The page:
|By Joseph Scalise | 3 years ago|
A special genetic mutation in the ancestors of Native Americans may have enabled nursing mothers to pass more nutrients along to their infants, helping them survive in regions that receive little to no sunlight.
This new research — which comes from scientists at University of California, Berkeley — shows how populations that lived in the far north resisted health problems like rickets. To do that, the team studied ancient teeth from many native groups and found that a unique gene likely boosted the development of milk ducts within women’s breasts and allowed them to raise healthier children.
“Teeth telling us something about fertility? That’s really amazing,” said Julienne Rutherford, an anthropologist at the University of Illinois in Chicago who was not involved in the study, according to Science.
The gene — known as EDAR — is linked to thicker hair shafts, more sweat glands, and shovel-shaped incisors. As a result, any fossils with such teeth likely had the mutation. Both Native Americans and Asians carry a version of the gene today. Though researchers are not sure how it spread throughout the world, they do know that it was so helpful that it moved to almost every population in the Americas.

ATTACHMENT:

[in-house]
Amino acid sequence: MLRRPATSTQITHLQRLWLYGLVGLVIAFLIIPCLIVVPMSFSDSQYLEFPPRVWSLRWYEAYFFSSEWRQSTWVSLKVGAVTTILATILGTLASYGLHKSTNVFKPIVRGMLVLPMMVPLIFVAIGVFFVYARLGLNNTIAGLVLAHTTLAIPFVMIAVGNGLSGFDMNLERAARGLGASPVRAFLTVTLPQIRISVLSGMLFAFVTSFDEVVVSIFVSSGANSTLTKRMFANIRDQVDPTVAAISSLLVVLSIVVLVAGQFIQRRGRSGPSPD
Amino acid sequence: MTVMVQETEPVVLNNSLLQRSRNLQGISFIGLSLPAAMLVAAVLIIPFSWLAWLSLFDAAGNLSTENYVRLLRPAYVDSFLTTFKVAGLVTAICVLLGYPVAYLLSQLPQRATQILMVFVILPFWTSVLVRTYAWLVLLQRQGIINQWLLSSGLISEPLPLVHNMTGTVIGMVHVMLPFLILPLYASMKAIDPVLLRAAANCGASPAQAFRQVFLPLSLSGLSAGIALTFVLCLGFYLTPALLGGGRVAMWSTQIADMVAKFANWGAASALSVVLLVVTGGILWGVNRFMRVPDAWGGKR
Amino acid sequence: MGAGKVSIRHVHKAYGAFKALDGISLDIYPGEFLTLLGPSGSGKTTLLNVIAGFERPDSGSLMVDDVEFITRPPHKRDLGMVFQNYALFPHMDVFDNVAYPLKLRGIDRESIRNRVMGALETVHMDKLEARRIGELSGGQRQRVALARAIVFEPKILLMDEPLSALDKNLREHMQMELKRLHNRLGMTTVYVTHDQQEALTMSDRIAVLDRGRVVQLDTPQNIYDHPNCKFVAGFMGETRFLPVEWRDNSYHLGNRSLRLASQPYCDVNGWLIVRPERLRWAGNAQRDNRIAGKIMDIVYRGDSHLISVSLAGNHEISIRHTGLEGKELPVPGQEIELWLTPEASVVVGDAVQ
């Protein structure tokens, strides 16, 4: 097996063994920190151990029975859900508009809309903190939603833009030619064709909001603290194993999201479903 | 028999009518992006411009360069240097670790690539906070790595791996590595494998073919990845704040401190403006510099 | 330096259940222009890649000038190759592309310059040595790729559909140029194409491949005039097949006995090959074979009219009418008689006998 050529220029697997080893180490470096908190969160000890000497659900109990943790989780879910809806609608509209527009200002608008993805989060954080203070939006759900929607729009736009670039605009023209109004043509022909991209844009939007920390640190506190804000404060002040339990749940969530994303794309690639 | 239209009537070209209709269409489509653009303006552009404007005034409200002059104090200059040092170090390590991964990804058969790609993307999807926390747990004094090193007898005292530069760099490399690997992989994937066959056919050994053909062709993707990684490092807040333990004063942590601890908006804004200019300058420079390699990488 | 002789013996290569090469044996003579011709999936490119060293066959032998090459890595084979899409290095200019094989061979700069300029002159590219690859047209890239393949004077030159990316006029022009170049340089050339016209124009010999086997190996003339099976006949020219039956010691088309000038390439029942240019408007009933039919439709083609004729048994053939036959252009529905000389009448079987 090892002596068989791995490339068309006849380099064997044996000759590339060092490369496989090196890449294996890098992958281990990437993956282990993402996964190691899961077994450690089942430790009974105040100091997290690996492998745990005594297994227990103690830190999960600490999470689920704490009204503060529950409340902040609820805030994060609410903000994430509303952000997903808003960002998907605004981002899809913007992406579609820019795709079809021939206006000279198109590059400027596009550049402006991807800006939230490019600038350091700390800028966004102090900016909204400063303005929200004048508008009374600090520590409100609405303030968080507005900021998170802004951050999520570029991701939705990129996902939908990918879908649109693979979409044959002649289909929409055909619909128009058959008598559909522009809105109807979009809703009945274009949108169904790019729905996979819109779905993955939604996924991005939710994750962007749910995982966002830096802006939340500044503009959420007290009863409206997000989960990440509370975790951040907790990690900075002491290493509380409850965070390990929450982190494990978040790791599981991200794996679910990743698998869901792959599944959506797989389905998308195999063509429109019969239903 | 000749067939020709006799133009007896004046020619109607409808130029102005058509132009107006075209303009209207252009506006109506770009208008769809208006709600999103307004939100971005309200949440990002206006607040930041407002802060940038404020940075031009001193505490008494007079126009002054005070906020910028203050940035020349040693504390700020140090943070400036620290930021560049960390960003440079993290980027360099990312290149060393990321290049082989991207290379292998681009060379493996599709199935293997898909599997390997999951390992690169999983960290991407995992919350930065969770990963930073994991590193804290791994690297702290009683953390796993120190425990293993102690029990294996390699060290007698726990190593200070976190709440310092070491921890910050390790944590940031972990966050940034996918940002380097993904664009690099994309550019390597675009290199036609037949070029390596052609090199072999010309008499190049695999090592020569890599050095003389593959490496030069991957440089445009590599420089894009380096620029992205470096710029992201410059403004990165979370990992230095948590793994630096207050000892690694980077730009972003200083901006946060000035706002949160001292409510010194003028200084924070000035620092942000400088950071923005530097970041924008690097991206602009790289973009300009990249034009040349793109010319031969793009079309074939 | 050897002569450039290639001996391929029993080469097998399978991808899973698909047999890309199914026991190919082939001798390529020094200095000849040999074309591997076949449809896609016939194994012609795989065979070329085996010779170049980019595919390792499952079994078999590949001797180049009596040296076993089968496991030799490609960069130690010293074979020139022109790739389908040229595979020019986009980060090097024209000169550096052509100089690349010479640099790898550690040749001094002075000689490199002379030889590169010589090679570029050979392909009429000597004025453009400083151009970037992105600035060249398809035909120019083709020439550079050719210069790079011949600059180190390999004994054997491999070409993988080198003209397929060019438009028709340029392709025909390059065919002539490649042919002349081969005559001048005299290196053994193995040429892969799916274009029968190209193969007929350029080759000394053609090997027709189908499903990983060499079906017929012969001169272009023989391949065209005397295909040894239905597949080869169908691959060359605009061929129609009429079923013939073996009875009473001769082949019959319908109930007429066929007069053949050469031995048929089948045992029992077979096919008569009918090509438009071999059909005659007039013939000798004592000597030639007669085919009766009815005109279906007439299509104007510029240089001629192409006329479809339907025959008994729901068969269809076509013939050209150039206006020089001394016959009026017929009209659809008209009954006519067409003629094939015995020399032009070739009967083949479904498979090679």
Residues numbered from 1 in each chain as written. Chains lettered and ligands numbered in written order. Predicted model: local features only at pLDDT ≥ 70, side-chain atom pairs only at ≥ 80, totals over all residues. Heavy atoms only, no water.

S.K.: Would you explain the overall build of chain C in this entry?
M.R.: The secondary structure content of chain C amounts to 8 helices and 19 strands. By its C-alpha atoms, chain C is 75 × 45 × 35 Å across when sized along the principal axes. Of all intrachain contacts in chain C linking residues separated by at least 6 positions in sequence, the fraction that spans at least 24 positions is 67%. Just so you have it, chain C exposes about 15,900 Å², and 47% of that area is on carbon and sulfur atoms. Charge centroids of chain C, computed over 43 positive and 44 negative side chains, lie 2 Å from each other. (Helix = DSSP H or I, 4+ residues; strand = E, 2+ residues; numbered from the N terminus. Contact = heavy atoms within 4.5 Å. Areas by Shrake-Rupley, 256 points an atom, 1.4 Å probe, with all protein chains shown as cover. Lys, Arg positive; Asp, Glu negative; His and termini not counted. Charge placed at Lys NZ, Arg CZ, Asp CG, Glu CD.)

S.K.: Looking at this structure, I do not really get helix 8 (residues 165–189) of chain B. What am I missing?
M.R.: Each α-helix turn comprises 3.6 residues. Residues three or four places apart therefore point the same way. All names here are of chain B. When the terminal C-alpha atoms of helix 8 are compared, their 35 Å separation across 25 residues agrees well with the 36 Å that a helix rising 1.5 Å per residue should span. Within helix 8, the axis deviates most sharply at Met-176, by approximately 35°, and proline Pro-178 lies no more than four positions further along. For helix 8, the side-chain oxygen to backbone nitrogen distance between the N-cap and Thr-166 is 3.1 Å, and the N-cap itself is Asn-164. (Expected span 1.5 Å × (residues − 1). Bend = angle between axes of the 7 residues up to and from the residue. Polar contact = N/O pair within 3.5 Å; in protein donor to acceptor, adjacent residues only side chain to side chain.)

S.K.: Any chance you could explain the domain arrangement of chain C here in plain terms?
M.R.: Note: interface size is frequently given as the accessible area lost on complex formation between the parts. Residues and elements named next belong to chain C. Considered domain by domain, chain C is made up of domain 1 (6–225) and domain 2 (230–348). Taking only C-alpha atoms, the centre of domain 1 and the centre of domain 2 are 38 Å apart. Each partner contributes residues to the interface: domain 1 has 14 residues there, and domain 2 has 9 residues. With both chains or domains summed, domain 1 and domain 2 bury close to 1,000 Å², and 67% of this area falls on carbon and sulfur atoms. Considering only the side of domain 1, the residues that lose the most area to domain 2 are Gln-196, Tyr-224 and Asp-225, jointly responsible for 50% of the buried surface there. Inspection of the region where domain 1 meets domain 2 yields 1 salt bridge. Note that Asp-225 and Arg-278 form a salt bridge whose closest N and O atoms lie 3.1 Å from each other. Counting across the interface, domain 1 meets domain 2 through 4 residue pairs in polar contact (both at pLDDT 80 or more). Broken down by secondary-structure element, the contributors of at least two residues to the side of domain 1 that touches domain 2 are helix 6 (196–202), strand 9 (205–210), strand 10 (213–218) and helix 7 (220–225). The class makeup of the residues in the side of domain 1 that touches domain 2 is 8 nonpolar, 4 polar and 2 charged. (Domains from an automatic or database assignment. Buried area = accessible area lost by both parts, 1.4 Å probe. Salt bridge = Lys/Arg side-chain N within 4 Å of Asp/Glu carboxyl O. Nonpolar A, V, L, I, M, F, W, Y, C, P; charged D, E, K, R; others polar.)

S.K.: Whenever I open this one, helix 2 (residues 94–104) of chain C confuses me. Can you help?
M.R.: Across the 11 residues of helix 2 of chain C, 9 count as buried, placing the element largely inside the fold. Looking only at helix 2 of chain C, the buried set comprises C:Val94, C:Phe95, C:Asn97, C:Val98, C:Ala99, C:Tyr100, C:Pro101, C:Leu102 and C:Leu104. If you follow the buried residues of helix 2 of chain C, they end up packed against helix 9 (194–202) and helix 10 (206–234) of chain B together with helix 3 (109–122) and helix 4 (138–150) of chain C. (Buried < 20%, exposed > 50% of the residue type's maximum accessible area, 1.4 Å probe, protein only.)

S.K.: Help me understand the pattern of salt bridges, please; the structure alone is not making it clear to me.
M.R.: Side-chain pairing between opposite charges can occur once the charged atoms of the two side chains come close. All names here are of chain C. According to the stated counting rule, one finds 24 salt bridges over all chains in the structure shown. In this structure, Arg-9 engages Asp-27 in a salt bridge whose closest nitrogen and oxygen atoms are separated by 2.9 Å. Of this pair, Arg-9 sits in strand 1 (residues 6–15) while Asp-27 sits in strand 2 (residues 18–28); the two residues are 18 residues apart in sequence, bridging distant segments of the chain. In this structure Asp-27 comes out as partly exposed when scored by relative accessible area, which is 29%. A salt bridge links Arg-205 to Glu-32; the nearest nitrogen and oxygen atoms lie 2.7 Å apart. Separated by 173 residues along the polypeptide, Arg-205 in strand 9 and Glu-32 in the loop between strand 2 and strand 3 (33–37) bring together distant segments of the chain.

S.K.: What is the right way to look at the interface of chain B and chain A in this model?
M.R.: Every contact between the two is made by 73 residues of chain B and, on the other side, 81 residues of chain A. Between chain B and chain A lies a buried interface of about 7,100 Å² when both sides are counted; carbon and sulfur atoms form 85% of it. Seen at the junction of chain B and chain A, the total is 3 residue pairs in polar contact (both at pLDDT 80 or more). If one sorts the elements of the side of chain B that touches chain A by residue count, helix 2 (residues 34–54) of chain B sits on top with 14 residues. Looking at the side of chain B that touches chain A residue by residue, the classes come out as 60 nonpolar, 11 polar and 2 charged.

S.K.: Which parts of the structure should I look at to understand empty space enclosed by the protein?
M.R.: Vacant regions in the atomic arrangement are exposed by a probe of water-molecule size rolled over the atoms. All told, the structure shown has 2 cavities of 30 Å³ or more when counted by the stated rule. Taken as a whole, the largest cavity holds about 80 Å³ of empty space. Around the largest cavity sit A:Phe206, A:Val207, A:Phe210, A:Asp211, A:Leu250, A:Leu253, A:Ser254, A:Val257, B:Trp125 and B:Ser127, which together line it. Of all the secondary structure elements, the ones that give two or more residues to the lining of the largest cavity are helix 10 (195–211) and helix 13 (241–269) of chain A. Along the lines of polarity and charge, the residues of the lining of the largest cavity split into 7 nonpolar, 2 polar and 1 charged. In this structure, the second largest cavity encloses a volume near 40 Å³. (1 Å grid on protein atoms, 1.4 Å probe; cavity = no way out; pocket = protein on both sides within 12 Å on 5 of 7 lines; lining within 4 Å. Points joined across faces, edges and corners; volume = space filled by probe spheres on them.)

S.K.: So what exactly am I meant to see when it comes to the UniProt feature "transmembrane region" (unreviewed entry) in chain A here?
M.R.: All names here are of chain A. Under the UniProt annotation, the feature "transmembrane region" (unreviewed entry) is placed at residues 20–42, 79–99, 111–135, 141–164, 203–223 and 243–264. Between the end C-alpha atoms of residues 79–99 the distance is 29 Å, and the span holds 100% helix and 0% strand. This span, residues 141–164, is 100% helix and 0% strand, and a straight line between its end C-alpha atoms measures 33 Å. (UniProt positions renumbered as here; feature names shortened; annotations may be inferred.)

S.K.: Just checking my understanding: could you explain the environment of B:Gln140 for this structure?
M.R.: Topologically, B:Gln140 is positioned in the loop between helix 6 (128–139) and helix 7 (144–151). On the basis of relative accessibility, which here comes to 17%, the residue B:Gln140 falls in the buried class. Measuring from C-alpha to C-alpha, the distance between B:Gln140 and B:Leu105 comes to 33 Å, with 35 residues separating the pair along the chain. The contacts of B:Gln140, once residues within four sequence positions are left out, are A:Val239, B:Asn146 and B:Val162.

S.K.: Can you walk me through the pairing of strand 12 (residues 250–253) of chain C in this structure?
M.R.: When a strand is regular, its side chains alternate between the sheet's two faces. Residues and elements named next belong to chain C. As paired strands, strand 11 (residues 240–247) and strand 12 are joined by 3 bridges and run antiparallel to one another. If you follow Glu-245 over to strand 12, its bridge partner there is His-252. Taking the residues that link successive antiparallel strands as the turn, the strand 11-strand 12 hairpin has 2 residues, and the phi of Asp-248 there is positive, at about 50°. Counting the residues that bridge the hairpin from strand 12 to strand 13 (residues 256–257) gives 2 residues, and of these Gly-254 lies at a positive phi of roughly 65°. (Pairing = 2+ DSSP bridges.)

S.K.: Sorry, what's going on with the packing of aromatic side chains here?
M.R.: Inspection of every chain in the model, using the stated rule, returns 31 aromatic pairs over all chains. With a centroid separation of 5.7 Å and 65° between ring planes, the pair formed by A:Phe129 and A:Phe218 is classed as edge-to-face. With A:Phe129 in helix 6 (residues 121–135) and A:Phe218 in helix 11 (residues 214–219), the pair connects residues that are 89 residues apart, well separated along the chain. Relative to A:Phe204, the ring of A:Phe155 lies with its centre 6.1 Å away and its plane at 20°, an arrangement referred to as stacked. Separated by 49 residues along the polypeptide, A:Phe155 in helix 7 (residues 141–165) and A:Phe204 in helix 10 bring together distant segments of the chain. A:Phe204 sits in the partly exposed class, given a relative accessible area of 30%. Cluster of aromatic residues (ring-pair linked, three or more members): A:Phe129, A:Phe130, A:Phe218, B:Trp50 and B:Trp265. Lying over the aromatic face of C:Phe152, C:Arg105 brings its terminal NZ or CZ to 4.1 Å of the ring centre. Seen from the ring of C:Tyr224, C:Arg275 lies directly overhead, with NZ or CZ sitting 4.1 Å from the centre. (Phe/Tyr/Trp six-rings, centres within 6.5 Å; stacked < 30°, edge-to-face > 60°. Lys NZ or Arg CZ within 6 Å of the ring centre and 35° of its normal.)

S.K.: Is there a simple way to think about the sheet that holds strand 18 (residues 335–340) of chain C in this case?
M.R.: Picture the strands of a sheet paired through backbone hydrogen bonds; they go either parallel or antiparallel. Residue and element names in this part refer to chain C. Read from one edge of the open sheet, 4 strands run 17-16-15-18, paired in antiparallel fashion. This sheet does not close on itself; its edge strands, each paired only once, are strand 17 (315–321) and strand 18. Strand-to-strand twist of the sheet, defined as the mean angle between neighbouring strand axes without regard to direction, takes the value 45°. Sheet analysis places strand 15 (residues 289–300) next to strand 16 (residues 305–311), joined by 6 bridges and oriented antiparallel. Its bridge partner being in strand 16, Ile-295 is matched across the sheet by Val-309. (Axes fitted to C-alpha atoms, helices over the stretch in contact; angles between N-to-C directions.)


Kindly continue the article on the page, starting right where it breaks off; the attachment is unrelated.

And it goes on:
Scientists came to that conclusion by looking at teeth from more than 5000 people from 54 archaeological sites across Europe, Asia, and the Americas. That revealed that most of the specimens had shoveled teeth, suggesting roughly 40 percent of the individuals in Asia and all of the 3183 fossils of Native Americans analyzed in the study had the mutation. It is likely that the some members of the first group to arrive in Beringia probably carried the gene as well.
The spread of the mutation makes sense because higher latitudes typically put nursing infants at risk. With less sunlight, children cannot get enough vitamin D in their skin and often succumb to serious health problems. Though adults can eat meat rich in vitamin D to compensate, babies cannot.
By developing their own EDAR variant, the populations who called the north home likely produced more mike and delivered more nutrients through the liquid. That would have then made those with the gene more likely to survive and helped it spread throughout different regions.
While more research needs to be done to see how an increase in breast ducts might deliver more nutrients, the team is confident in their research. They plan to further their study of the gene and see how certain variants might affect both breast development and density.
“This is not just a Native American story,” lead author Leslea Hlusko, a researcher at the University of California, Berkeley. “Everyone with shovel-shaped incisors has this gene that may compensate for vitamin D deficiency.”
These new findings are outlined in the Proceedings of the National Academy of Sciences.